Pieces of Memory: Trauma, Fragmented Images and Flashbacks

Saturday, May 30, 2015 by Meg   •   Filed under Trauma

Trauma changes the brain in ways many do not fully understand. While other posts go into more detailed explanations of traumatic response, the issues of fragmented memories and flashbacks are often first and foremost in the minds of those who suffer. These issues were prominent in my time working on the locked inpatient unit at the VA. 

This post is an exploration of why memories fragment, how they become integrated and the story of a man who fought flashbacks for sixty years before his traumatic memories returned.

The real cost of war can be seen at any VA hospital, but post-traumatic stress is not isolated there. You can also see traumatic reponses in those who fled for their lives on 9-11, in those with a history of abuse. Hug a veteran today. Hug someone you love. Celebrate them and the fact that we are the lucky ones. We are still here....  continue reading

Curiosity My A**: Josh Duggar, Signs of Abuse and How to Keep Your Children Safe

Wednesday, May 27, 2015 by Meg   •   Filed under Sexuality/Relationships

Over the last week, my inbox has exploded with questions about the Duggar scandal. “What makes someone turn into a child abuser?” “How can I make sure my kids don’t inadvertently hurt someone when they get curious about sex?” And my personal favorite: “Isn’t everyone just being too hard on Josh Duggar? It’s unfair, he was just curious and experimenting.” 

We will get to all of these questions today, but on that last one…no, people. Just NO. I mean, I’m sure he was curious, but psychopaths are often curious about what the inside of your organs look like. It doesn’t mean we excuse their behavior when they pull out your liver.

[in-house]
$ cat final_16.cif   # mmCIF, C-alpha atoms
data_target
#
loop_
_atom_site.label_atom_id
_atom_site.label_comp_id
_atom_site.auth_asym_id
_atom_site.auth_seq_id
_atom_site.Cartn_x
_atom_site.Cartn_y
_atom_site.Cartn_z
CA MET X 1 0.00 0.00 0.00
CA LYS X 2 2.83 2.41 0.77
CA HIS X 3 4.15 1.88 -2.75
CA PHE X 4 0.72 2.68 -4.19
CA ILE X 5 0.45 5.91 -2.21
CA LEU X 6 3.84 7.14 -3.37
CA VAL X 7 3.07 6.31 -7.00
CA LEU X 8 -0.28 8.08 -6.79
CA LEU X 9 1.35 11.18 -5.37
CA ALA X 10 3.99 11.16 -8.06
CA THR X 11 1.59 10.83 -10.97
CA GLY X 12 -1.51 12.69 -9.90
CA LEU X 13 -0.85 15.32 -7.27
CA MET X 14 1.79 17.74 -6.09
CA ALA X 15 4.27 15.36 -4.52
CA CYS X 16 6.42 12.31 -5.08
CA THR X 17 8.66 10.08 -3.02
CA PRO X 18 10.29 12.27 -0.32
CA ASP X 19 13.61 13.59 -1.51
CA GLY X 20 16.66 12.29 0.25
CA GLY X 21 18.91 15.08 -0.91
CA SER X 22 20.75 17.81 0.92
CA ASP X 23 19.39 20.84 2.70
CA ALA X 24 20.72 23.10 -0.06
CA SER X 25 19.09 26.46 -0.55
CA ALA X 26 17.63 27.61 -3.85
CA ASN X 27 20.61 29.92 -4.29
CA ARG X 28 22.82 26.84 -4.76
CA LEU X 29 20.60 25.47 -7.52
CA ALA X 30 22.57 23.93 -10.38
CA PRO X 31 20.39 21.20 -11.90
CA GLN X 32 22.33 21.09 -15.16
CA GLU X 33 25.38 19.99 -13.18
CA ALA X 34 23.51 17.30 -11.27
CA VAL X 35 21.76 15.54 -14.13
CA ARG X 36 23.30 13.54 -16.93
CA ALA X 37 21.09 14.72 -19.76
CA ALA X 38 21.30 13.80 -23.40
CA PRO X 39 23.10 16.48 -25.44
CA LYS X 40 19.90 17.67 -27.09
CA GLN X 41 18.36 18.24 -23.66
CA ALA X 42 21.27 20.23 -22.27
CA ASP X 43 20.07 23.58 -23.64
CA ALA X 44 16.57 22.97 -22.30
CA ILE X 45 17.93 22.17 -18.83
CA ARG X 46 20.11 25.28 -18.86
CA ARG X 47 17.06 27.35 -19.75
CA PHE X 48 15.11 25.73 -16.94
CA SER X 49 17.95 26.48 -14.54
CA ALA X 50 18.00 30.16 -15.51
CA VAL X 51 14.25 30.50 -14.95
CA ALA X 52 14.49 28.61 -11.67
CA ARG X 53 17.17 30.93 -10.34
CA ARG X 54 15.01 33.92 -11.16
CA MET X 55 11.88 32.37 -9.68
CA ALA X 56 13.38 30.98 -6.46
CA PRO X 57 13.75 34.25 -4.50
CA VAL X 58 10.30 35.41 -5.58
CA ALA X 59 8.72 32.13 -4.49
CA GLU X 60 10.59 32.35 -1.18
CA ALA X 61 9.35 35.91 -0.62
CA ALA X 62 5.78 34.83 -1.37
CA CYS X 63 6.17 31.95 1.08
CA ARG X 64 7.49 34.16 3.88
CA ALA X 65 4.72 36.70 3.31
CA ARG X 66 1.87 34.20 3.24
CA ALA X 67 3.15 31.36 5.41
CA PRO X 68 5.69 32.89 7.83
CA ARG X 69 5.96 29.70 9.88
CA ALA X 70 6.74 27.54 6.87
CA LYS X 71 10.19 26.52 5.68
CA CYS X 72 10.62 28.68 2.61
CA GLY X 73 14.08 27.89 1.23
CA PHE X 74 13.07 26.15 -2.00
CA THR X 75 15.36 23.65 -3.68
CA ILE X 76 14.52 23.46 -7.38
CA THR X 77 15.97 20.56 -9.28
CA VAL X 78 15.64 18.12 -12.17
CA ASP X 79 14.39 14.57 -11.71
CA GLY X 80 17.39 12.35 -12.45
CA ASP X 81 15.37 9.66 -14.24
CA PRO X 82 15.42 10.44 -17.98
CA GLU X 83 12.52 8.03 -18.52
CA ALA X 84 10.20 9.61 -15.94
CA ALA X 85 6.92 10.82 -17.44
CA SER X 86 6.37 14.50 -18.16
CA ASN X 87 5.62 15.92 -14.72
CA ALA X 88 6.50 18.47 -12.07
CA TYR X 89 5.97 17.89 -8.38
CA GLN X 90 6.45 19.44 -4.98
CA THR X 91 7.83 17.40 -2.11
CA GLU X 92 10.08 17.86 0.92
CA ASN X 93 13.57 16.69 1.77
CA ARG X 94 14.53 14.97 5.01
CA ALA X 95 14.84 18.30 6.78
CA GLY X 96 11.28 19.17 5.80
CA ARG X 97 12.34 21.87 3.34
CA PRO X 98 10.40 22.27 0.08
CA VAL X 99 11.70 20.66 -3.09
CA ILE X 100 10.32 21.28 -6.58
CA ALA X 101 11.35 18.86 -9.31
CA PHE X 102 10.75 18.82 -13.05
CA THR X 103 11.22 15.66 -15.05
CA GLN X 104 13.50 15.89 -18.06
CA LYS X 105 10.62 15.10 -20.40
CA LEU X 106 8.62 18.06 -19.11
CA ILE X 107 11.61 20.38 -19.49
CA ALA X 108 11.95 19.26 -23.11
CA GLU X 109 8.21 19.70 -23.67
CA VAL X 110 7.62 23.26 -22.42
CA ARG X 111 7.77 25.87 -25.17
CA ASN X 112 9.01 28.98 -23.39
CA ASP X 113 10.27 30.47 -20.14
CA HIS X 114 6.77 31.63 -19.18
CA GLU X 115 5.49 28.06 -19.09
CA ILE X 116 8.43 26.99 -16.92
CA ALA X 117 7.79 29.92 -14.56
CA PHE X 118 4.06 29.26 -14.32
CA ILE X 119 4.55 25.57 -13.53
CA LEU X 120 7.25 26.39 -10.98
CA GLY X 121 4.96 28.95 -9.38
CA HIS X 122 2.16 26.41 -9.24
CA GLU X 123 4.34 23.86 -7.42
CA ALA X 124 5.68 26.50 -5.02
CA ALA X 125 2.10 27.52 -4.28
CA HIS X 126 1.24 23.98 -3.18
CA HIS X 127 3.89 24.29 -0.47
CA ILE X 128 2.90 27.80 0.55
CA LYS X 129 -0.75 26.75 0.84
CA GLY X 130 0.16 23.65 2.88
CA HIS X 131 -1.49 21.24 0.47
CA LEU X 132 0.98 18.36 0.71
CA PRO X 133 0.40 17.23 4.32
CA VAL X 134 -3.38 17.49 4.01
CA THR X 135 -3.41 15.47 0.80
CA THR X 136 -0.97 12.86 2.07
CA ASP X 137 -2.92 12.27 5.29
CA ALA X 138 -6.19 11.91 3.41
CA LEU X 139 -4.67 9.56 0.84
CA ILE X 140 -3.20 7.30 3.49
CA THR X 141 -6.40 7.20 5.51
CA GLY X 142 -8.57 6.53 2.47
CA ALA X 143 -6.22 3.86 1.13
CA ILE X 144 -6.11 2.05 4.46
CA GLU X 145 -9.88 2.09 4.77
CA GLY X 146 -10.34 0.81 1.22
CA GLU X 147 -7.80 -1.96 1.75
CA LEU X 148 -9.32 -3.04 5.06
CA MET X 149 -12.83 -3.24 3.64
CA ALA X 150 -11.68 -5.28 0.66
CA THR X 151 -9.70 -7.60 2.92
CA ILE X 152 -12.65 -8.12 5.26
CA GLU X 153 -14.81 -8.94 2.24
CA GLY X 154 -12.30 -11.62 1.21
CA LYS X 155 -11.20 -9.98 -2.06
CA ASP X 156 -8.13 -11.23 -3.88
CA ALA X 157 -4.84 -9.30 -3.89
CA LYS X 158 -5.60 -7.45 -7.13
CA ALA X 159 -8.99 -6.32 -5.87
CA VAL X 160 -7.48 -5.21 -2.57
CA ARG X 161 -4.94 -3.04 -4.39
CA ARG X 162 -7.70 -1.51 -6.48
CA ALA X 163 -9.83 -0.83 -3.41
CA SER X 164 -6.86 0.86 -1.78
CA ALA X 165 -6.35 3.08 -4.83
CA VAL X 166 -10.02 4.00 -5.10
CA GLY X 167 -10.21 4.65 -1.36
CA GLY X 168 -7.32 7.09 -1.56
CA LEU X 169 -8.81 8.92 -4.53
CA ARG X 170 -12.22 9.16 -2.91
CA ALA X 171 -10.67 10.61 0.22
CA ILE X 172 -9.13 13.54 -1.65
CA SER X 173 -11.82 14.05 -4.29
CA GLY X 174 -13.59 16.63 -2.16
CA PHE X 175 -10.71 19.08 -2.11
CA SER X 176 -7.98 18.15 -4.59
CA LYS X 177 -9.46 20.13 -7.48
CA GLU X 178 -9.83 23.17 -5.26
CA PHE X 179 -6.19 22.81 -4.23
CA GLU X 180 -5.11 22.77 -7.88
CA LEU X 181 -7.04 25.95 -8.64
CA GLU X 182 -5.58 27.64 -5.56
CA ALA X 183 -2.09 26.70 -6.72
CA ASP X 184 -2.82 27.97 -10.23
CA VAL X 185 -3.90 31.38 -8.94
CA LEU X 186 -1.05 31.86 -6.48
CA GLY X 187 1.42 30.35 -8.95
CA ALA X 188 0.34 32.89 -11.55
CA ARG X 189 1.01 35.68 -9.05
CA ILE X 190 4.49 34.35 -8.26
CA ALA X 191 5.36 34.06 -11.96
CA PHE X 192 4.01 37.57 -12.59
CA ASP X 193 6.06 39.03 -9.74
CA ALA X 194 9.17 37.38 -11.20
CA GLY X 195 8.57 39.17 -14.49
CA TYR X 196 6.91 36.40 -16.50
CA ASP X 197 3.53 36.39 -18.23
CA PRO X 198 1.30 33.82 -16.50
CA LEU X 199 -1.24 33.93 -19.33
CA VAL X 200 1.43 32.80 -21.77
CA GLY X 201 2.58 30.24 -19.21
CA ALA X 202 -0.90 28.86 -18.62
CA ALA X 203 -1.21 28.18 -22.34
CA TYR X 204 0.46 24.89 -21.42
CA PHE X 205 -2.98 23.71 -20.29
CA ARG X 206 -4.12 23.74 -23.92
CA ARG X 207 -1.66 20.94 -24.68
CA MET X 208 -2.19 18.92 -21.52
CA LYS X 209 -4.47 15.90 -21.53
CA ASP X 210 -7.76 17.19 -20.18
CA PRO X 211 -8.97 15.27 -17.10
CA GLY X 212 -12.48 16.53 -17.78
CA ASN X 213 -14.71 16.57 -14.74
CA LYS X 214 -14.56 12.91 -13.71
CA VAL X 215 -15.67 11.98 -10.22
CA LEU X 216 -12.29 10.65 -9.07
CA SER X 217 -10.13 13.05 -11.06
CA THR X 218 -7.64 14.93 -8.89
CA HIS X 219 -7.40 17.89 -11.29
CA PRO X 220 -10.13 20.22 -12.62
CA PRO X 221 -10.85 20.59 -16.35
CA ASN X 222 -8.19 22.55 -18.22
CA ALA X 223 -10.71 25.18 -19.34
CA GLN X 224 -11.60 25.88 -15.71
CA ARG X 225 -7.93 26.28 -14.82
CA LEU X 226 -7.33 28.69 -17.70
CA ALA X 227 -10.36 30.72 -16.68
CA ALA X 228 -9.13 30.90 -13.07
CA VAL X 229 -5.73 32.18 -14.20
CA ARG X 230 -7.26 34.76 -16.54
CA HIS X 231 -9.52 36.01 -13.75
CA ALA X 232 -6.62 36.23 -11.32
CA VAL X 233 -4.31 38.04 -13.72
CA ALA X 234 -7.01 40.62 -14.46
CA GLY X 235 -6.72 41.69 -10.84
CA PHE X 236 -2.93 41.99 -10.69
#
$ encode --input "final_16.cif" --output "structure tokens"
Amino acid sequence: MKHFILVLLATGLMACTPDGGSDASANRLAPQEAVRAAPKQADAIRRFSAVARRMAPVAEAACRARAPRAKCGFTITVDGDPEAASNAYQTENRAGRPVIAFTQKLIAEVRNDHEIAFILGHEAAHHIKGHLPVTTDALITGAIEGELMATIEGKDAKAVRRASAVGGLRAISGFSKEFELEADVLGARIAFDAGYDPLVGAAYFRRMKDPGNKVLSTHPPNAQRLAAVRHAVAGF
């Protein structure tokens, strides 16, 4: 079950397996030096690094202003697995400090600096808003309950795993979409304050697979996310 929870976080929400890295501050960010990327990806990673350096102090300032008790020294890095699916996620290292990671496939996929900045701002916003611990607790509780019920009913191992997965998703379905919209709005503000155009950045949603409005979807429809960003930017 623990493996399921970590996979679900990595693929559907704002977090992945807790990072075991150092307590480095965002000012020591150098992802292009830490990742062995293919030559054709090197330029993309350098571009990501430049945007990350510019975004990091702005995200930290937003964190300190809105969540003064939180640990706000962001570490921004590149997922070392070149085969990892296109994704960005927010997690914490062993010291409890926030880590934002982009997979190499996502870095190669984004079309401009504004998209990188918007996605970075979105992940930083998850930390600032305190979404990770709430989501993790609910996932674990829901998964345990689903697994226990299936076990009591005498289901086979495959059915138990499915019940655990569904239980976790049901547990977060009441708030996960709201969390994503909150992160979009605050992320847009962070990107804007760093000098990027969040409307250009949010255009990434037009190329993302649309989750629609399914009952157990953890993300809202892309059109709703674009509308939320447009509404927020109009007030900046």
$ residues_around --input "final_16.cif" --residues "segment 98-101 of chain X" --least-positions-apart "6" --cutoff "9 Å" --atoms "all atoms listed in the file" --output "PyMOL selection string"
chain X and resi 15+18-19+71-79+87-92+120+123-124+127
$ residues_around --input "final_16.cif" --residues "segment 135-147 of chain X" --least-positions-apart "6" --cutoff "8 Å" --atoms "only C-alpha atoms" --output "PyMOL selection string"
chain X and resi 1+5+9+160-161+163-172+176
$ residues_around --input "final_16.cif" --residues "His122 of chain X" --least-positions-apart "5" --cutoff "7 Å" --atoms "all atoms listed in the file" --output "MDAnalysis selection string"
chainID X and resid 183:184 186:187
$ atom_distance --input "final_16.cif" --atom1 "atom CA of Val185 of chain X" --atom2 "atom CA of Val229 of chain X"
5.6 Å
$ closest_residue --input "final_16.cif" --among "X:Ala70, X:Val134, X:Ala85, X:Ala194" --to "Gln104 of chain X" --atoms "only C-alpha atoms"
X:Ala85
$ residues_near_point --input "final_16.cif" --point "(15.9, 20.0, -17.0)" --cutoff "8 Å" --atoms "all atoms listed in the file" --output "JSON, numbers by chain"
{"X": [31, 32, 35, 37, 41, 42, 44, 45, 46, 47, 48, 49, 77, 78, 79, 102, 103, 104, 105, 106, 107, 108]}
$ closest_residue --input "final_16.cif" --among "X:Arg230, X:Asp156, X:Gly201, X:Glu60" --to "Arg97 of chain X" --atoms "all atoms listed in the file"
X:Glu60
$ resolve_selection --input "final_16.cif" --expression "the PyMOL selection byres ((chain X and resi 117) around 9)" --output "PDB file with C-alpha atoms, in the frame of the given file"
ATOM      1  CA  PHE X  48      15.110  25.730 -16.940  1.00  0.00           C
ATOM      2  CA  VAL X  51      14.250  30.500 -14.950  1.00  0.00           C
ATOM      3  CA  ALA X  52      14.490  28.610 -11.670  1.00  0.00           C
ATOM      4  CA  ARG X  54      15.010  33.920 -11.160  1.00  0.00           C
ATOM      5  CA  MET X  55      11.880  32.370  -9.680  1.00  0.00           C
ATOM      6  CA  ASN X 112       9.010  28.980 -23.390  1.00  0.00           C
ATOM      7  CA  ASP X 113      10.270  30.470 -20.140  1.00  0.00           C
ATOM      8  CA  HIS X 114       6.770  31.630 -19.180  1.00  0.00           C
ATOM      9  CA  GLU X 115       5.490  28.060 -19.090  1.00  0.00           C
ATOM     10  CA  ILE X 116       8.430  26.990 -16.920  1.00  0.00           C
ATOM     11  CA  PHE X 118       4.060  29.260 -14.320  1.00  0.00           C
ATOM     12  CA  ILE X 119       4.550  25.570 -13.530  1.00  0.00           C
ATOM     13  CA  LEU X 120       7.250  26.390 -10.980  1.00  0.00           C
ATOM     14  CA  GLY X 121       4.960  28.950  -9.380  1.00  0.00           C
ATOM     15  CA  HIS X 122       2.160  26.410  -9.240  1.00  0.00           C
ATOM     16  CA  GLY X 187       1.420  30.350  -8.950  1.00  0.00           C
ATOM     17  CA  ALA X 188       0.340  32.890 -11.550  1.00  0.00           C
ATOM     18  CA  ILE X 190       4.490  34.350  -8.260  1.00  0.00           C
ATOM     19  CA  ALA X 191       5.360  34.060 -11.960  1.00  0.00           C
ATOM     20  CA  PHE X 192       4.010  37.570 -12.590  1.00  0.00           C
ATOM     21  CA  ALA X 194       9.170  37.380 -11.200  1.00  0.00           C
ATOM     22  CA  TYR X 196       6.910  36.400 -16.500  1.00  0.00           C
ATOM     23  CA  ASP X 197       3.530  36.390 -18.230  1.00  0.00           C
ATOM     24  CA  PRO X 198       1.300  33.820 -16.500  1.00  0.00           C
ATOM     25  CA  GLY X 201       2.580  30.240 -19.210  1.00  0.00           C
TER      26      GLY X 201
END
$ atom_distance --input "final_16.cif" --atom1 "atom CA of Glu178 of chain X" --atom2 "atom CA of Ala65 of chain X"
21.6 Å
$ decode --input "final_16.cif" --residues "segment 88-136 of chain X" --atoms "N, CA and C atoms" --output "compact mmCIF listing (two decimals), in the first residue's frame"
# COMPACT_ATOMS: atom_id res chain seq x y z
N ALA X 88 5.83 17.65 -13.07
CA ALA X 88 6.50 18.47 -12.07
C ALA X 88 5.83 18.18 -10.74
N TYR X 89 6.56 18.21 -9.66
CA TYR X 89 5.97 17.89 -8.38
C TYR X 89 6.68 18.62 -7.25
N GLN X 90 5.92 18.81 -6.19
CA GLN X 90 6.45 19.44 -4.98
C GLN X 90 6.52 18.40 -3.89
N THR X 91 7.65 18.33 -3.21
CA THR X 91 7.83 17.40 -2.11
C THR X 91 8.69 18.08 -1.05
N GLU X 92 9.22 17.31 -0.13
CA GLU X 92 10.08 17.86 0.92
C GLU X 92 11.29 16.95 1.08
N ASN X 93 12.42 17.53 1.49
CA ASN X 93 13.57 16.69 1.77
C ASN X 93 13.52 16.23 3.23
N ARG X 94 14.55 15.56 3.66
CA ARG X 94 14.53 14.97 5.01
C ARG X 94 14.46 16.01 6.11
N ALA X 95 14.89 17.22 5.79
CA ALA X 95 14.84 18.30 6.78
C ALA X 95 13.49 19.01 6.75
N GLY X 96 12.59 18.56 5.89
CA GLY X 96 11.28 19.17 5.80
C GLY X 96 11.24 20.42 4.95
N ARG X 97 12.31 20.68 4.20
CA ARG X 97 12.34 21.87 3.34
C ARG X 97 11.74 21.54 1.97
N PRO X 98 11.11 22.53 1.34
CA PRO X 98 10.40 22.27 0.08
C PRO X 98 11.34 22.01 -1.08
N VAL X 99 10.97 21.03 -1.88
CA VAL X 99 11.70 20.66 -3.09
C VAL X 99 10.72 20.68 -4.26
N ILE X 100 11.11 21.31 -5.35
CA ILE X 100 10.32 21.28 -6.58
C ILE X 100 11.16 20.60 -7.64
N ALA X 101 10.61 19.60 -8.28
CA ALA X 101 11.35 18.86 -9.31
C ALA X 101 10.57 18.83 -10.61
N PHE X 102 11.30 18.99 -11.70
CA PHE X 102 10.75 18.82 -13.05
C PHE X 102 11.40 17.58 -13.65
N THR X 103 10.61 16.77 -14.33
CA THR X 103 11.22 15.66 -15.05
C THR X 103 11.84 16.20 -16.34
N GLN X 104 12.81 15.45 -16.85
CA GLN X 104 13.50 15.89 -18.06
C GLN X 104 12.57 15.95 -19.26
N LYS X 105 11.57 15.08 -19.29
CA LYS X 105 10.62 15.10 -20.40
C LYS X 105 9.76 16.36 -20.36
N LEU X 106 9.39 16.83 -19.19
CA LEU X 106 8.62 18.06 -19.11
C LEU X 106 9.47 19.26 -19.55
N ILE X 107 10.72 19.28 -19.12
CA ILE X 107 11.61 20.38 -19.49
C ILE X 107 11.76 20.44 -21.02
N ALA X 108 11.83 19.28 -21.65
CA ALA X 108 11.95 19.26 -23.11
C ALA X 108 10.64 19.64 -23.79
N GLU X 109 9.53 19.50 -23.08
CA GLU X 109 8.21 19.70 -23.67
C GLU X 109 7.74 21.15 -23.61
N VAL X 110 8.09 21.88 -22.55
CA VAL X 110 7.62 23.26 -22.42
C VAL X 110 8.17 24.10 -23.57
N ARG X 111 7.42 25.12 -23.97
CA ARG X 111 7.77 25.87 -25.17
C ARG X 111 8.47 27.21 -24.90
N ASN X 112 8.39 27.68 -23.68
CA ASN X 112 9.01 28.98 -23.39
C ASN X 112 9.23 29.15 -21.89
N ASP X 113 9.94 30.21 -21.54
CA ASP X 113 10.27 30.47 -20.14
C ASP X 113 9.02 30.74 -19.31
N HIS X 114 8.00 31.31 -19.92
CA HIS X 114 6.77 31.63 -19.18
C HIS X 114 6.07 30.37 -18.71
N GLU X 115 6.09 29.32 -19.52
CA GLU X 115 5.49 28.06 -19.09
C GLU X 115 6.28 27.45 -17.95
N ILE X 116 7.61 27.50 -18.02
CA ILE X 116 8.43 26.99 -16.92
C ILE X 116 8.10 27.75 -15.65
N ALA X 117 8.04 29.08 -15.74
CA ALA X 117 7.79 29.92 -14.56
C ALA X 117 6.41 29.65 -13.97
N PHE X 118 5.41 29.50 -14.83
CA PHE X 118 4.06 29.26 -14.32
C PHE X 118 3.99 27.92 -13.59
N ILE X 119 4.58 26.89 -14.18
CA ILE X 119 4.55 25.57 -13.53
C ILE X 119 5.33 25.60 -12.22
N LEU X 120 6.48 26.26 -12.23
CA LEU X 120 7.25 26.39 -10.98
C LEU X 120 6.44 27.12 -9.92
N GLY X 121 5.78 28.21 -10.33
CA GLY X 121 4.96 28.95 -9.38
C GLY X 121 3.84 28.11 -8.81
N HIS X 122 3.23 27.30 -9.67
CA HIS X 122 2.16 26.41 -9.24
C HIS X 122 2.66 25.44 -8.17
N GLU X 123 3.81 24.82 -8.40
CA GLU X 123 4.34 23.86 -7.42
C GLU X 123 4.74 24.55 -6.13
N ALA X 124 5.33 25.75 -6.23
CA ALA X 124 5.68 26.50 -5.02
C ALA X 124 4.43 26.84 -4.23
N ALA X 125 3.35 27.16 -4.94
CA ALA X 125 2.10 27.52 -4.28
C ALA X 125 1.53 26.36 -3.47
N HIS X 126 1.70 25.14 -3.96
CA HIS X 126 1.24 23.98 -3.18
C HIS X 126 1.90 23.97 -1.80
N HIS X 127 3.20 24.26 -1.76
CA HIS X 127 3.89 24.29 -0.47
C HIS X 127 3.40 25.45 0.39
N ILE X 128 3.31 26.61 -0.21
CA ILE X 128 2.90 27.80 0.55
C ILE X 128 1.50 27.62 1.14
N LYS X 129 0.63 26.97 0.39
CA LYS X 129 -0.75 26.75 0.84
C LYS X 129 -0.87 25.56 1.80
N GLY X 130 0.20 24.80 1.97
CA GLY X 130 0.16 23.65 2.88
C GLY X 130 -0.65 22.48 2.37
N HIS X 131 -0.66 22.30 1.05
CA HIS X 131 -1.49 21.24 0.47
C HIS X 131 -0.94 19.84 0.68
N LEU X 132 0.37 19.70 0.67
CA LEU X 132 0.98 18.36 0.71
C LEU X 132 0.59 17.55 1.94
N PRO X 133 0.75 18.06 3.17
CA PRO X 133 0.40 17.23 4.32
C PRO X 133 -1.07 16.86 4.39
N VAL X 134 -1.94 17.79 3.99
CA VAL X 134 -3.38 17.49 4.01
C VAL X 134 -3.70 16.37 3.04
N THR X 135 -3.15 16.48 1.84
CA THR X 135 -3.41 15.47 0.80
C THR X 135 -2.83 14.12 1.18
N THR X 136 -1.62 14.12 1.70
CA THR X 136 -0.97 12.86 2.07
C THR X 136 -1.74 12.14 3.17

It’s not simple curiosity. He snuck into his sisters’ bedroom in the middle of the night so he could touch them without consent or repercussion. He’s ill. He needs help. But that doesn’t mean that he should be our focus today....  continue reading

The Never Ending Amusement Park Ride: How it Feels to Have Rapid Cycling Bipolar Disorder

Thursday, May 21, 2015 by Meg   •   Filed under Mom Stories/Opinion

In previous posts, I have talked at length about the genetic triggers to Bipolar Disorder, the evolutionary advantage of Bipolar and the link between Bipolar Disorder and creativity. But rapid cycling Bipolar Disorder feels a little different, so I have invited a dear friend of mine to tell you about her experiences with this condition. 

By: Misty Browne

The rapid mood changes associated with Bipolar Disorder are like my favorite carnival ride: the big swinging pirate ship suspended in mid-air. As a young girl I loved the way it felt to be lifted to one side so quickly you hardly had time to catch your breath before you were suddenly swinging back the other way. 

But if I relate this carnival monstrosity to the rapid shifts in mood I experience these days, I imagine myself backing away from the ride. Stumbling over other children and adults, looking for an exit. Fighting the urge to run as fast as I can away from the looming evil in front of me....  continue reading